When jobs become extinct: how generations of bankers dealt with decimation

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When we spoke to Andy Whitelock, he was busily orchestrating a set of kayaks for today's activities. "Get a four man and a two man out," he said to someone in Hut 13 at Tilgate Recreation Centre in Crawley. "And leave them in the changing rooms."

These days, Whitelock runs the South East Operation of  Dynamic Adventures, and is busy with everything from kayaking to raft building. 17 years ago, he was a managing director at Deutsche Bank Morgan Grenfell Futures & Options in London. Whitelock left the City just after a 14 year career spent mostly as a LIFFE floor trader. LIFFE closed the last of its open outcry pits in 2000, but floor trading jobs started to disappear from the late 1990s onwards - taking the careers of people like Whitelock with them.

"It didn't really come as that much of a shock to me," says Whitelock. "I could see it coming. I'd effectively come to the end of my time in the City. The people change and the bosses change and the new bosses want new people and that was it - at the end of the day you have to expect it in that kind of job."

Whitelock spent a summer exploring his options: he looked at teaching, but didn't have a degree. He opted for outdoor pursuits and sailing because it was something he was interested in already: "I used to sail as a way of relieving stress when I was in the City."

Beach volleyball organizer 

Thirty miles away in central London, Neil Crammond, another former LIFFE trader, is organizing a game of charity beach volleyball in Covent Garden for his current employer, the Futex Investment and Trading Academy.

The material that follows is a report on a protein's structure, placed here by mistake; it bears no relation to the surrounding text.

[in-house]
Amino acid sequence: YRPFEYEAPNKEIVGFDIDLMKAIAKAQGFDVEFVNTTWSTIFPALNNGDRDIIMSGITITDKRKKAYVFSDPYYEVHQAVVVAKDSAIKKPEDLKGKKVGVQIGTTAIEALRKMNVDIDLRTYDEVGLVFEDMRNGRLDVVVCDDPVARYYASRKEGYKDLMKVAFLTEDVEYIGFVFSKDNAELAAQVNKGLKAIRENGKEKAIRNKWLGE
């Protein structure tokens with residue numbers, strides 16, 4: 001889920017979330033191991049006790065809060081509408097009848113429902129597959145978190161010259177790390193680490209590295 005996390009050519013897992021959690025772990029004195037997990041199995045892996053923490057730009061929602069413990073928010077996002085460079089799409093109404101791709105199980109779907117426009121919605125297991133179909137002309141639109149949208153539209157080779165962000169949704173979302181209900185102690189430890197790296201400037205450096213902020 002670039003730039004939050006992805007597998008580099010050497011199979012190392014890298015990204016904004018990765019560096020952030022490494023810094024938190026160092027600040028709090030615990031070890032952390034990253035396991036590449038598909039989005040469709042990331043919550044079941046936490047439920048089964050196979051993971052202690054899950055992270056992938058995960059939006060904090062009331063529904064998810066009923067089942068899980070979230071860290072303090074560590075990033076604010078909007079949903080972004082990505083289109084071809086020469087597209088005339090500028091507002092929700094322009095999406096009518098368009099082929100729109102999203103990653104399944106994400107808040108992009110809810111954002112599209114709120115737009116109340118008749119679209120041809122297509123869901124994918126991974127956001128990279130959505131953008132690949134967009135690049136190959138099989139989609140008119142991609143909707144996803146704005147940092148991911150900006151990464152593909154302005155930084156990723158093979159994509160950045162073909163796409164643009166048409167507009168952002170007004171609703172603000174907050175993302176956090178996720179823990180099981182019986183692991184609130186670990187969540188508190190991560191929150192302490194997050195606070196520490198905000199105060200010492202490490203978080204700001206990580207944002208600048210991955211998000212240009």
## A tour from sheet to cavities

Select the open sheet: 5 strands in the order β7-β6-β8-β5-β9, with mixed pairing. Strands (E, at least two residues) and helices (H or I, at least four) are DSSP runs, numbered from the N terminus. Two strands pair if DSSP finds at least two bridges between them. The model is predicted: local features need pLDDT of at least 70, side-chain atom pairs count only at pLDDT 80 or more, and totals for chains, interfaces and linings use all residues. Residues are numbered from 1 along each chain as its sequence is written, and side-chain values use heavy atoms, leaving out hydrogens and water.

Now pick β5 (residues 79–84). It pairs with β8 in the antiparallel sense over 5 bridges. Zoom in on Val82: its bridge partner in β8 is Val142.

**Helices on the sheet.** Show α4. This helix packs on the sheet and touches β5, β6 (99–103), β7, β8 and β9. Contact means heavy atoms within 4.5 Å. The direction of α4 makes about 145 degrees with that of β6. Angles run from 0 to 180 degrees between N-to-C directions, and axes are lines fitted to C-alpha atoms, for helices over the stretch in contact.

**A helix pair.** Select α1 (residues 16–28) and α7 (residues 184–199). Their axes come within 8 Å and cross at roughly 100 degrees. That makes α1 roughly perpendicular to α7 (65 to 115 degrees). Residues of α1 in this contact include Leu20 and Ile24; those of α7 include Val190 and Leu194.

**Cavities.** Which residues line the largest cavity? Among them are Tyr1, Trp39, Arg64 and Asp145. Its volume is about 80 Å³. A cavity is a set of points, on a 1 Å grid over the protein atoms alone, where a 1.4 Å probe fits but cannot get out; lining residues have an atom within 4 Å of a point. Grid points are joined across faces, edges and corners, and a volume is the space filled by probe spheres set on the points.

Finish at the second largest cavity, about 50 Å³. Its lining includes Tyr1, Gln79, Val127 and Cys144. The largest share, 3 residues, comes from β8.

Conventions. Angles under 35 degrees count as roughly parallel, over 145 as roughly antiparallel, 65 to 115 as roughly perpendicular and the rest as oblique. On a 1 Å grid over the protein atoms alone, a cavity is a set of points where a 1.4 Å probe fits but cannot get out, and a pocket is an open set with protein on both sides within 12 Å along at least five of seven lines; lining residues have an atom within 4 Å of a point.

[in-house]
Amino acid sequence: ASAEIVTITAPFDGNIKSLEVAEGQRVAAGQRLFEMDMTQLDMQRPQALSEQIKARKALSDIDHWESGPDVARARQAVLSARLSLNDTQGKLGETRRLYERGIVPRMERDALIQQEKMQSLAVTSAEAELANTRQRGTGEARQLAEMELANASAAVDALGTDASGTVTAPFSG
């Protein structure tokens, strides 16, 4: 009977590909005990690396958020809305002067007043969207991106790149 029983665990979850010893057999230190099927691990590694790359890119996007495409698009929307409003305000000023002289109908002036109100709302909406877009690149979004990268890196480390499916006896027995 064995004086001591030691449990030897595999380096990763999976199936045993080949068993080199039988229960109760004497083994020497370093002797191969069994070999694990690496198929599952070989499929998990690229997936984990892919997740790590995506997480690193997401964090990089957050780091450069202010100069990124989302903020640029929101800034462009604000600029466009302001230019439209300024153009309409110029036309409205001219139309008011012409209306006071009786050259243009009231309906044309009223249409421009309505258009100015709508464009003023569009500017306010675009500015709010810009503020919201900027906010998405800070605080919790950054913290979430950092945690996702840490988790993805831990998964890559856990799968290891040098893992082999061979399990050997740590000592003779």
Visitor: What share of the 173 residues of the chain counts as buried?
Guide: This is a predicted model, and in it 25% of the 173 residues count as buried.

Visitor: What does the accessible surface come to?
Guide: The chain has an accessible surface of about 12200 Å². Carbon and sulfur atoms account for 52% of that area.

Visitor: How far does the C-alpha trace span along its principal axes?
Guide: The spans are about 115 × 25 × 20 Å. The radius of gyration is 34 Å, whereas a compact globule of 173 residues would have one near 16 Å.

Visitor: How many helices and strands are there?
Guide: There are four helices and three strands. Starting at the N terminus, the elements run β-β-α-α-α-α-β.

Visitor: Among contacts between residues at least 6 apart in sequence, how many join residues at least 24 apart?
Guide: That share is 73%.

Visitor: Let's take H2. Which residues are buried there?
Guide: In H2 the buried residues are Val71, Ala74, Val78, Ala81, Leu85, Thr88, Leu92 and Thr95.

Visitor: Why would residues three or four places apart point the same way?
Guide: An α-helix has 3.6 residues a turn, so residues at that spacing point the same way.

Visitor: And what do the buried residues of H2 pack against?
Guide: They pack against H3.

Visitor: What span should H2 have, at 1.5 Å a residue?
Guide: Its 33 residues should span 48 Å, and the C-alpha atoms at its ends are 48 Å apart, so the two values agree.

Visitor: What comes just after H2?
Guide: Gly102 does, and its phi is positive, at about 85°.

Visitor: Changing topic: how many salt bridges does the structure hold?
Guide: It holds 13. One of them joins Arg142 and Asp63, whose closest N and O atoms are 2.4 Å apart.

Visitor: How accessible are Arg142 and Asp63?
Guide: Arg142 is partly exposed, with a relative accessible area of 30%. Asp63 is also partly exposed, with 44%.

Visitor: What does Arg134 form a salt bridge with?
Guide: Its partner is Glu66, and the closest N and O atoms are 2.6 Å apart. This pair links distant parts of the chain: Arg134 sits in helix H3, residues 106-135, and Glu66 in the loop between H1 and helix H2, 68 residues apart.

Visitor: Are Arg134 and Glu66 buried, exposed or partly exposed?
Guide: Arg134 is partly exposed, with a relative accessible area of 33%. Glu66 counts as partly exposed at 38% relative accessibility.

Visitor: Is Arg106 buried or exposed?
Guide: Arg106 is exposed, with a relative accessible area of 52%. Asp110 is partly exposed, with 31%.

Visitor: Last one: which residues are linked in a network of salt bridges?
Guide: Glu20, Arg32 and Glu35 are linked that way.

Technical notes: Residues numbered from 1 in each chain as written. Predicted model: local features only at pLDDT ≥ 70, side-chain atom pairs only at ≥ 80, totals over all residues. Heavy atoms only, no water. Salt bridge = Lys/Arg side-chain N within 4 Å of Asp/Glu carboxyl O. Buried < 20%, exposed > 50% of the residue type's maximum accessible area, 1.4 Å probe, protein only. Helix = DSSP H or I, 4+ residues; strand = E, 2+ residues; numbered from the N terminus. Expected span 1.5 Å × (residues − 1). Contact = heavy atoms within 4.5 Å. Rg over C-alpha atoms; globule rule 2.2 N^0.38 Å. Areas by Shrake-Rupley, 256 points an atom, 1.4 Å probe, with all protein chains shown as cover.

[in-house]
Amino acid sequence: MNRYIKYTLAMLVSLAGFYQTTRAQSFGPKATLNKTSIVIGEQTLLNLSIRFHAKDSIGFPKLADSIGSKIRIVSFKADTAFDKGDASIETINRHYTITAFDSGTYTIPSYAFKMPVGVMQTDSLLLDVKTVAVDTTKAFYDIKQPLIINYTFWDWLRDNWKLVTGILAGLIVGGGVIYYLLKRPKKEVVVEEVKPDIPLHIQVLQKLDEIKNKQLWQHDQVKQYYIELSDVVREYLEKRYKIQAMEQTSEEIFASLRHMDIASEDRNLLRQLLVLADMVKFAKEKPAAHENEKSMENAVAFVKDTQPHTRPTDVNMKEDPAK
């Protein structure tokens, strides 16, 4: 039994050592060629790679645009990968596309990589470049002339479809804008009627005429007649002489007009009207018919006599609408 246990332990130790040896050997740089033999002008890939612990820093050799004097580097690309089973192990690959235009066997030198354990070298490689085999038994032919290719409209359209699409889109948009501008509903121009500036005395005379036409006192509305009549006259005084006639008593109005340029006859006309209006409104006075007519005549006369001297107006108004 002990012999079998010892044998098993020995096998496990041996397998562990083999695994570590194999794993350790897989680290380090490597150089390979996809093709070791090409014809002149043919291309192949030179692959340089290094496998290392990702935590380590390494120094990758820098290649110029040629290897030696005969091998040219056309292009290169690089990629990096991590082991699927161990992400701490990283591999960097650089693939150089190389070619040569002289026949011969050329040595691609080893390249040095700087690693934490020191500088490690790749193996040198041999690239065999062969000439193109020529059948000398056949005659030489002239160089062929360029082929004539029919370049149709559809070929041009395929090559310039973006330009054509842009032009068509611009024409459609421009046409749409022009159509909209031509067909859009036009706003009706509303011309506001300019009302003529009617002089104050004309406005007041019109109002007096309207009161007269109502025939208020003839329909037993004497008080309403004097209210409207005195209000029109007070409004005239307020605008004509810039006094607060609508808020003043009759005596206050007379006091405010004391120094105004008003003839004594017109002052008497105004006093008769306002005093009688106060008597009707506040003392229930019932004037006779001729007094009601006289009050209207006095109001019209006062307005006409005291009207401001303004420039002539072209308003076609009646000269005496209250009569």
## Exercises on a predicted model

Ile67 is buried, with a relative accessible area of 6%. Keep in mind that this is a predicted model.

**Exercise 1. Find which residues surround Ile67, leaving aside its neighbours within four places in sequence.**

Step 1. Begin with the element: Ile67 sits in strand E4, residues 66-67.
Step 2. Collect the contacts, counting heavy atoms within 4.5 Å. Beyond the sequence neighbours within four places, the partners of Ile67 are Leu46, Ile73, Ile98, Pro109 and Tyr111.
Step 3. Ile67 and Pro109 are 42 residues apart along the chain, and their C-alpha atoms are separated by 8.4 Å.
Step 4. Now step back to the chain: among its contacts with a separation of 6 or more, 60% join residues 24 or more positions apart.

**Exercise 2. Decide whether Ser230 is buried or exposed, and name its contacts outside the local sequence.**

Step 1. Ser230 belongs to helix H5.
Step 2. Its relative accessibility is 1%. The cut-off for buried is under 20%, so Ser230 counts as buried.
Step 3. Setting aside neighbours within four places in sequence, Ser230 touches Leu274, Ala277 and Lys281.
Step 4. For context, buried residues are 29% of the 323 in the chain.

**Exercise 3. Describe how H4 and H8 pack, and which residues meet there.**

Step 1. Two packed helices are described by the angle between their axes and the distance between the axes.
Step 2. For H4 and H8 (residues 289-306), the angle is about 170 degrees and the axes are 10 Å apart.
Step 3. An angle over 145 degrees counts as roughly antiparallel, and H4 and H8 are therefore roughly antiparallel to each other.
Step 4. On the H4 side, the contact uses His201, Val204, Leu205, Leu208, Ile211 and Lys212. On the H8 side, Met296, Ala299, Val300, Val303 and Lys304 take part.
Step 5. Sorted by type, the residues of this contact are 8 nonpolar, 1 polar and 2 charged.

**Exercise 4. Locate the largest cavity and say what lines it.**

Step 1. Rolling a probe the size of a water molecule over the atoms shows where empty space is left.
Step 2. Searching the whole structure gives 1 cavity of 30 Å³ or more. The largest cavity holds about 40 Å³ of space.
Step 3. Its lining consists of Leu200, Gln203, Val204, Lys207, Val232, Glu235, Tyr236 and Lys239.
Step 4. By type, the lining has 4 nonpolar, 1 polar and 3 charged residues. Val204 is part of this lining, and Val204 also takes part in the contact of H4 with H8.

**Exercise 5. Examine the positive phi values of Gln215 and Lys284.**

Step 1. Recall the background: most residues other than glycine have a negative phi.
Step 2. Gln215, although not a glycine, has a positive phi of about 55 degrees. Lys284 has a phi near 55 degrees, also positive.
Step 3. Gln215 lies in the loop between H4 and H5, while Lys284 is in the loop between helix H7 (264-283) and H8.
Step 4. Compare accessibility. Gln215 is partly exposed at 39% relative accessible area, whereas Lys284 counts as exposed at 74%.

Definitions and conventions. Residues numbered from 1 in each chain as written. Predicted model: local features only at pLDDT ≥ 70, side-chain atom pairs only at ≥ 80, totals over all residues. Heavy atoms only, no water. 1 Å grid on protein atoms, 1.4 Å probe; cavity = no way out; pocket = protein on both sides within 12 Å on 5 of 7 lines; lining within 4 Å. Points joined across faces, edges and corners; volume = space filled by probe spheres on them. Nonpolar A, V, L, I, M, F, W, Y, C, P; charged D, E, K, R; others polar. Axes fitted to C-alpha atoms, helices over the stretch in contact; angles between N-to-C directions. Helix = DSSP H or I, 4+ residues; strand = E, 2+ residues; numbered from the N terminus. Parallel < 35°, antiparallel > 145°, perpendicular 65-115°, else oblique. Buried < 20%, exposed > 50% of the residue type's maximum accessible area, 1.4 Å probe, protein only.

Plenty of former LIFFE traders did the same as Whitelock and made their hobbies into careers, says Crammond, naming people who've become dairy farmers, koi carp salesmen and wine dealers. Others reinvented themselves by adapting to the new electronic trading technology and carrying as on screen traders, using their own money. He says this was less difficult than it sounds: "LIFFE had introduced screen trading back in 1988, so we were already familiar with the technology. When the LIFFE floor closed, 60-70 of us went off to an office on Cannon Street and continued trading independently from there." Hardened independent traders were fine, says Whitelock. Traders who'd been working for big brokerages weren't - they struggled without the security of a salary.

At Futex, Crammond helps train young people to become traders. He still trades his own money, both at home and in the office.

What happened to the CMBS specialists?

While the closure of the LIFFE floor is one of the most iconic moments in banking job extinctions, there have been plenty of other, quieter, deaths over the years.

Simon Maughan, head of the sector strategy group at Olivetree Securities, points to prop traders' more recent demise. "They've really disappeared from banks and very few have been absorbed into the buyside and hedge funds. Those roles just don't exist any more."

Commercial mortgage backed securitization (CMBS) specialists and collateralized debt obligation (CDO) structurers have also taken their places beneath the sod. Ted Tracey, a former CMBS recruiter who is now head of the structured debt and capital markets business at recruitment firm Cobalt, said many former CMBS bankers found jobs restructuring the distressed securities they'd created years before. CDO structurers mostly disappeared from view, but occasionally reappeared in ratings agencies, Tracey says.

Back with his kayaks, Whitelock has one piece of advice for coping with the demise of a career in the City, or in banking internationally. "How well you cope with it coming to an end depends upon whether you thought it was going to last forever," he says, "I never did."

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